Gutshot Straight

Chapter 1

Charles Samuel Bouchon—“Shake” for short, ever since his first fall for grand theft auto when he was nineteen—took another look at his hole cards.

He tended to fold with a bullet showing and his opponent betting big, but Shake was sitting on a pair of hearts, and he was pretty sure the beast across the table from him wouldn’t recognize a flush if it jumped into his lap and kissed him on the mouth.

The beast was Vader Wallace, a mean young black con from Block C who was one long rope of muscle, braided around and around and around until it was a wonder he could walk. He was doing a dozen years behind a first-degree-manslaughter charge, aggravated. Extremely aggravated, according to the rumors.

Shake, on the other hand, was just a rangy white guy up on another GTA, forty-two years old and feeling every minute of it. But he’d survived the last fifteen months here at Mule Creek and wasn’t going to roll over just because some pumped-up, puffed-up con glared at him.

He called Vader’s bet. “I’ll pay to see that last card,” he said, and gave Vader a friendly smile.

Missouri Bob, the dealer, took his time with the river. Missouri Bob’s hand was tooled with crude blue tattoos—roses and rose stems and thorns.

Finally, dramatically, he showed them the last card.

Queen of hearts.

“Tramp of hearts,” Missouri Bob said. “Lovely but dangerous. Beware.”

Shake waited till he was sure Vader was watching him and then he frowned.

Vader saw the frown and smirked. Shake felt a little sad, how easy this was.

“Bet it all,” Vader said. He pushed his entire bankroll of Top Ramen noodles into the center of the table.

“The bad-tempered brother wrongly convicted of manslaughter bets it all,” Missouri Bob said.

“I heard what the bad-tempered brother said,” Shake said.

“Small-change white bread stalls for time.”

“I don’t know how we’d manage without your commentary, Bob.” Shake gave the queen of hearts another frown, just to see Vader smirk again. He noted that Vader’s head was too small in relation to all the muscle it was perched atop. His mouth, by contrast, was too large in relation to the head.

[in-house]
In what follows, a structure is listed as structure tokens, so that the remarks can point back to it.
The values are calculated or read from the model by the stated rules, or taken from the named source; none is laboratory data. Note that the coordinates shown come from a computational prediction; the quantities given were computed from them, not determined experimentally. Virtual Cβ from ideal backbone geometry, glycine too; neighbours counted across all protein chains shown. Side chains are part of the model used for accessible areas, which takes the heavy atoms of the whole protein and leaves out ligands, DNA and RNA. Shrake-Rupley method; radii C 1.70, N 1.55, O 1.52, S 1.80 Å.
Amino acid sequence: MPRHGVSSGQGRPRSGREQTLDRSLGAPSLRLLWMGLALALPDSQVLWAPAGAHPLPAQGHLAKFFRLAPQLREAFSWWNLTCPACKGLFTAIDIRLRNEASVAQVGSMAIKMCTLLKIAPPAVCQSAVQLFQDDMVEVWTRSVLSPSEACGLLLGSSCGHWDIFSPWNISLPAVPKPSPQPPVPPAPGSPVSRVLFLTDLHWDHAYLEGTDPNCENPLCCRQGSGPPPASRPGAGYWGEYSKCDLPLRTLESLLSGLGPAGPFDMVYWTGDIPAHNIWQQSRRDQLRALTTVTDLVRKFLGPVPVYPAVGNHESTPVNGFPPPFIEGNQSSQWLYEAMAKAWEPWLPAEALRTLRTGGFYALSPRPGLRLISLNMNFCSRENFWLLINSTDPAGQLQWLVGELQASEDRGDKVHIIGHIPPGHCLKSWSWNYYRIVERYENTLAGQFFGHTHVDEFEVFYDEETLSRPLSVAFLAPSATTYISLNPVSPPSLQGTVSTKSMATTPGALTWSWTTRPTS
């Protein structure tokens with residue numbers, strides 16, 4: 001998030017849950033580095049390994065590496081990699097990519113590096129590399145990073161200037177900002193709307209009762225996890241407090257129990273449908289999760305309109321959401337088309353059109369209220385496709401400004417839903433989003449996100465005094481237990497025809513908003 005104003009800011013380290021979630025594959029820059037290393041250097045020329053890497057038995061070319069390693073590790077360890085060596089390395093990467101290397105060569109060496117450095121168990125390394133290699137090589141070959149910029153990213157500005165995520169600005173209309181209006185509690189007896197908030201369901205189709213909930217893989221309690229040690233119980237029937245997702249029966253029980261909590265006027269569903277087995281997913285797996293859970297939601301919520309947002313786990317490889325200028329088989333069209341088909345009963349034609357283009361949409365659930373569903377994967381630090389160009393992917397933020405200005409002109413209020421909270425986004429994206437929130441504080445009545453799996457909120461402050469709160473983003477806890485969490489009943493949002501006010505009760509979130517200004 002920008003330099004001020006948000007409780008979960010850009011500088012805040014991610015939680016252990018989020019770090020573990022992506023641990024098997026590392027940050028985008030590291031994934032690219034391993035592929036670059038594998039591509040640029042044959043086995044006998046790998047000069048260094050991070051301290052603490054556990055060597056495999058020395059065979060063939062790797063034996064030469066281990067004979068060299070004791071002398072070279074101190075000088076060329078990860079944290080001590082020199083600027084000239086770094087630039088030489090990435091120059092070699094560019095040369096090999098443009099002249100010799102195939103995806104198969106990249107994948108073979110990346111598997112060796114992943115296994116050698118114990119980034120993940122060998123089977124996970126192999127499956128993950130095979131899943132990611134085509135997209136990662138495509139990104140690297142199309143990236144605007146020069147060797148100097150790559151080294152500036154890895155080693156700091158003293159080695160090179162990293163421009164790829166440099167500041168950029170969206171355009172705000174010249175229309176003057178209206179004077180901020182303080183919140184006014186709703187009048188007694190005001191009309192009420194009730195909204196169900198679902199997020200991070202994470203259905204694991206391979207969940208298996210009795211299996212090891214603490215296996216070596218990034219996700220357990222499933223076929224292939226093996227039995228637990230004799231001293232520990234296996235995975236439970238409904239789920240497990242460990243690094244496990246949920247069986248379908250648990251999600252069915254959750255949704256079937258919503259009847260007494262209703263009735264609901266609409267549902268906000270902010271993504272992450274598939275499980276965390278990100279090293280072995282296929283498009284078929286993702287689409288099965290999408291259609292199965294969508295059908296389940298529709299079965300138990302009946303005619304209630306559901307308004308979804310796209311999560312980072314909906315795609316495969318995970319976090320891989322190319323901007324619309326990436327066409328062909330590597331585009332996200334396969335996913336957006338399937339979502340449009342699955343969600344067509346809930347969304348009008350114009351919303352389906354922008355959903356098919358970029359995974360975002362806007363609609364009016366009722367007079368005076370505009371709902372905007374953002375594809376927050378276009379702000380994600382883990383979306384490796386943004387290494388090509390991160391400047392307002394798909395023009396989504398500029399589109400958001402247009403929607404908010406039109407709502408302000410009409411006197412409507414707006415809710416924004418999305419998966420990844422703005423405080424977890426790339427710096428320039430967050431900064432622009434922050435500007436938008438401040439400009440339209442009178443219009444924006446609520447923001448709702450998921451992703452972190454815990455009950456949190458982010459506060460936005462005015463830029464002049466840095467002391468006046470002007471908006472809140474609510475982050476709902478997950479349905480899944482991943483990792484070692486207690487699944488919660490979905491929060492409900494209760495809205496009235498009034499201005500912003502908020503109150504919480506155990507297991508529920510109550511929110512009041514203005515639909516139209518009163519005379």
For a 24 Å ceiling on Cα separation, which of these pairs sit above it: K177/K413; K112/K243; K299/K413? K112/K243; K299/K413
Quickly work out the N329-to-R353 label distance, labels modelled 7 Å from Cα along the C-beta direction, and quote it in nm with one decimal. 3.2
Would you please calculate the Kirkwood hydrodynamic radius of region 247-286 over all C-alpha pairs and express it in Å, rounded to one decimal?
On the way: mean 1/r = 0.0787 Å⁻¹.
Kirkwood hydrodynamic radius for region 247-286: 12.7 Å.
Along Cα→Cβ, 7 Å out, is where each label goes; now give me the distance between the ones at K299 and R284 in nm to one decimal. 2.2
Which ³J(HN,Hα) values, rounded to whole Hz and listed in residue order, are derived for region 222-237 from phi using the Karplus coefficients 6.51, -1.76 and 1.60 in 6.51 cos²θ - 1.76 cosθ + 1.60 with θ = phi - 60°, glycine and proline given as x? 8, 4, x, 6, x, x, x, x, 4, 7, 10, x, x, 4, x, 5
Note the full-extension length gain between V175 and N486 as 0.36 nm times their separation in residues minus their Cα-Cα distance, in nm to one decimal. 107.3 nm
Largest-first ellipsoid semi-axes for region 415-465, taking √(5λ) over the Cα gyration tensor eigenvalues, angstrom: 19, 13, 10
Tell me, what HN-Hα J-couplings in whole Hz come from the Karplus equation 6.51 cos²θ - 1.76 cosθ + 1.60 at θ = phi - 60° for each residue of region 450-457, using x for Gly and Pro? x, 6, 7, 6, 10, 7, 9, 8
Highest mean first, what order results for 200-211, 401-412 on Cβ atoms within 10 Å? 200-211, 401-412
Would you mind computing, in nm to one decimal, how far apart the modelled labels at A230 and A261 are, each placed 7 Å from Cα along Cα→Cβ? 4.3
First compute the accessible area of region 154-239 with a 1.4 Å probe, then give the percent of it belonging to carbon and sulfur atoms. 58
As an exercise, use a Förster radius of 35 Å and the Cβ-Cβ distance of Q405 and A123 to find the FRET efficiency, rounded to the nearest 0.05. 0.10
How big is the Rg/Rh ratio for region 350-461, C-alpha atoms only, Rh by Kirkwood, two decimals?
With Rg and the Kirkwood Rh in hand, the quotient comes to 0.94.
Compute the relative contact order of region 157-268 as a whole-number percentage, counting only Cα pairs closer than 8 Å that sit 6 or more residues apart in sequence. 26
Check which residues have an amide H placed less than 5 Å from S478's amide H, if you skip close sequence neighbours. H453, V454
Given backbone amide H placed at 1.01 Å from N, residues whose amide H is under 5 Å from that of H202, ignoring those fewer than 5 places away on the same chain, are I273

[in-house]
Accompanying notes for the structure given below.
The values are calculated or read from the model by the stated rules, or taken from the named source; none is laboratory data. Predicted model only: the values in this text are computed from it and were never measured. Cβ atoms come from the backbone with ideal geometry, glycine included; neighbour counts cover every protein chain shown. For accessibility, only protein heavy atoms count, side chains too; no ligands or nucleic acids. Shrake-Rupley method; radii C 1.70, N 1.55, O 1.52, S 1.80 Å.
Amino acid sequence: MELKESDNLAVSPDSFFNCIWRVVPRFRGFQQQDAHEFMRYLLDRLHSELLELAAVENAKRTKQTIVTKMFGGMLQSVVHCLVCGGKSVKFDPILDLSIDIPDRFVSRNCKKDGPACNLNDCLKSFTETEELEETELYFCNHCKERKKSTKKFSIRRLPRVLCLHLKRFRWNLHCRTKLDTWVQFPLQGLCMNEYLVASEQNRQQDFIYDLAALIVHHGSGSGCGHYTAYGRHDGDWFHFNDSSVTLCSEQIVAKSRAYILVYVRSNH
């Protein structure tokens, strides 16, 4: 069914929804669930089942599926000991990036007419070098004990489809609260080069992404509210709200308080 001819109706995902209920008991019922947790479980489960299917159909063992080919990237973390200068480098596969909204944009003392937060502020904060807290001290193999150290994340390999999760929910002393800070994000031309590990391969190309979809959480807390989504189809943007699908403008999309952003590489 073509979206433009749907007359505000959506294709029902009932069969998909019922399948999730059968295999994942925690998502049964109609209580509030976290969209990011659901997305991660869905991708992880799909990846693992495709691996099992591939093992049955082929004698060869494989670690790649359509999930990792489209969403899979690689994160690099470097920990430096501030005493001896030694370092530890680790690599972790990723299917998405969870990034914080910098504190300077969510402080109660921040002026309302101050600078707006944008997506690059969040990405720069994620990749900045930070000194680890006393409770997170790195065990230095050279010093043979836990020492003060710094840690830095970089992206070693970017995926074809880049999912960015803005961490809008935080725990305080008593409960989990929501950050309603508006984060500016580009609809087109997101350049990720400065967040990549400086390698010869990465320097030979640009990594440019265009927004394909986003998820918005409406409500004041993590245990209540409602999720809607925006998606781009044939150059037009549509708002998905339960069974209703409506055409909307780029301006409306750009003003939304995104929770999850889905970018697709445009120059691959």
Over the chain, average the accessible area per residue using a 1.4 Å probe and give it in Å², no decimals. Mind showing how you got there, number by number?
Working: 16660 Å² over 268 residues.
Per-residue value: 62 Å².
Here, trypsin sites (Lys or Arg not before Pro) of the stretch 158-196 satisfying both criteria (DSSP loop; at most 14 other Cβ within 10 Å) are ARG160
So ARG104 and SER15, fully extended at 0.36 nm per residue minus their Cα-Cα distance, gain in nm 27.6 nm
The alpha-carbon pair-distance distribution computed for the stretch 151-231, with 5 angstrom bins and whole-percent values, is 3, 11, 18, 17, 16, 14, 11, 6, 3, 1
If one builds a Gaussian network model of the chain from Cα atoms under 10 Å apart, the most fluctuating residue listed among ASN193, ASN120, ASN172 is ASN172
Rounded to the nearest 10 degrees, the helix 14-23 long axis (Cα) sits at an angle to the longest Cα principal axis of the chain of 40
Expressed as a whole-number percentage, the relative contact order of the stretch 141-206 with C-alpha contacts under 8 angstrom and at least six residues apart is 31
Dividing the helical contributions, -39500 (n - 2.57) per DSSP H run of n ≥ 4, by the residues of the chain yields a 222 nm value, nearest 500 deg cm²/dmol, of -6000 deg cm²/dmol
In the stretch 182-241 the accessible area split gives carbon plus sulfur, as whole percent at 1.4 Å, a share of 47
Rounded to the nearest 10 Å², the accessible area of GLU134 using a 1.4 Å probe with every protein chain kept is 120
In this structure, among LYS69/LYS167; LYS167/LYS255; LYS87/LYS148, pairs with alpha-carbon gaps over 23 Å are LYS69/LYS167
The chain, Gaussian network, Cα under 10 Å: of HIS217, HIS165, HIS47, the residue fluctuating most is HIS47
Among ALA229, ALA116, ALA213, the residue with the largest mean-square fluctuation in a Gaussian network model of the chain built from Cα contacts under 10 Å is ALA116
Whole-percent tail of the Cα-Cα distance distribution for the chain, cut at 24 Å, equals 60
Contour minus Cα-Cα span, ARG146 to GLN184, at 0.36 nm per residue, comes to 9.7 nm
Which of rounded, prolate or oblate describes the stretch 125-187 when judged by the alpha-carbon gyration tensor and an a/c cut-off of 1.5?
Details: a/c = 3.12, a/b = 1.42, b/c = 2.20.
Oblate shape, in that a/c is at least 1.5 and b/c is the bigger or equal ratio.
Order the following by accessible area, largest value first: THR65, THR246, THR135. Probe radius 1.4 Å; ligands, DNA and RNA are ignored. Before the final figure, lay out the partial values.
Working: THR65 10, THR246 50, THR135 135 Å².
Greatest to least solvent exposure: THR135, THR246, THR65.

The fourth person at the table, a tweaked-out kid with one eye focused, the other swimming, tried to get a peek at Shake’s cards.

“That right, Shake?” he asked. “You’re small change?”

“Walks outta here a free man in seventy-two hours,” Missouri Bob said.

“Sixty-eight,” Shake said. “Not that I’m counting.”

“Call or fold, motherfucker,” Vader said.

Shake pushed his call in. “Show me yours, I’ll show you mine.”

“Three aces.”

Vader started to rake in the pot. Shake dropped his flush.

Missouri Bob clapped a hand to his bald head and woo-heed. Vader stared at the cards with affront and confusion, like a dog that’d just banged its head against a glass door it didn’t know was there.

“Say what?”

“Five hearts,” Shake explained, tapping them one by one. “Young and in love.”

Vader turned to Missouri Bob. His expression was both plaintive and murderous. “Don’t beat three aces, do they?”

Missouri Bob shook his head sympathetically. “Like a rented mule.”

Vader slammed his forearms against the table. The impact bounced the queen of hearts to the concrete floor. “Motherfucker!”

He stood up. His expression was just murderous now. Not plaintive. The tweaked-out kid’s good eye went wide, and Missouri Bob began edging discreetly away.

“Motherfucker cheated,” Vader said.

Shake gathered up his winnings. It wasn’t smart to start a beef with sixty-eight hours left on your ticket. He hadn’t cheated, though, and resented the accusation. Plus, he had a hunch, glancing up at Vader, that this beef had started without him; it was just a question, now, of how it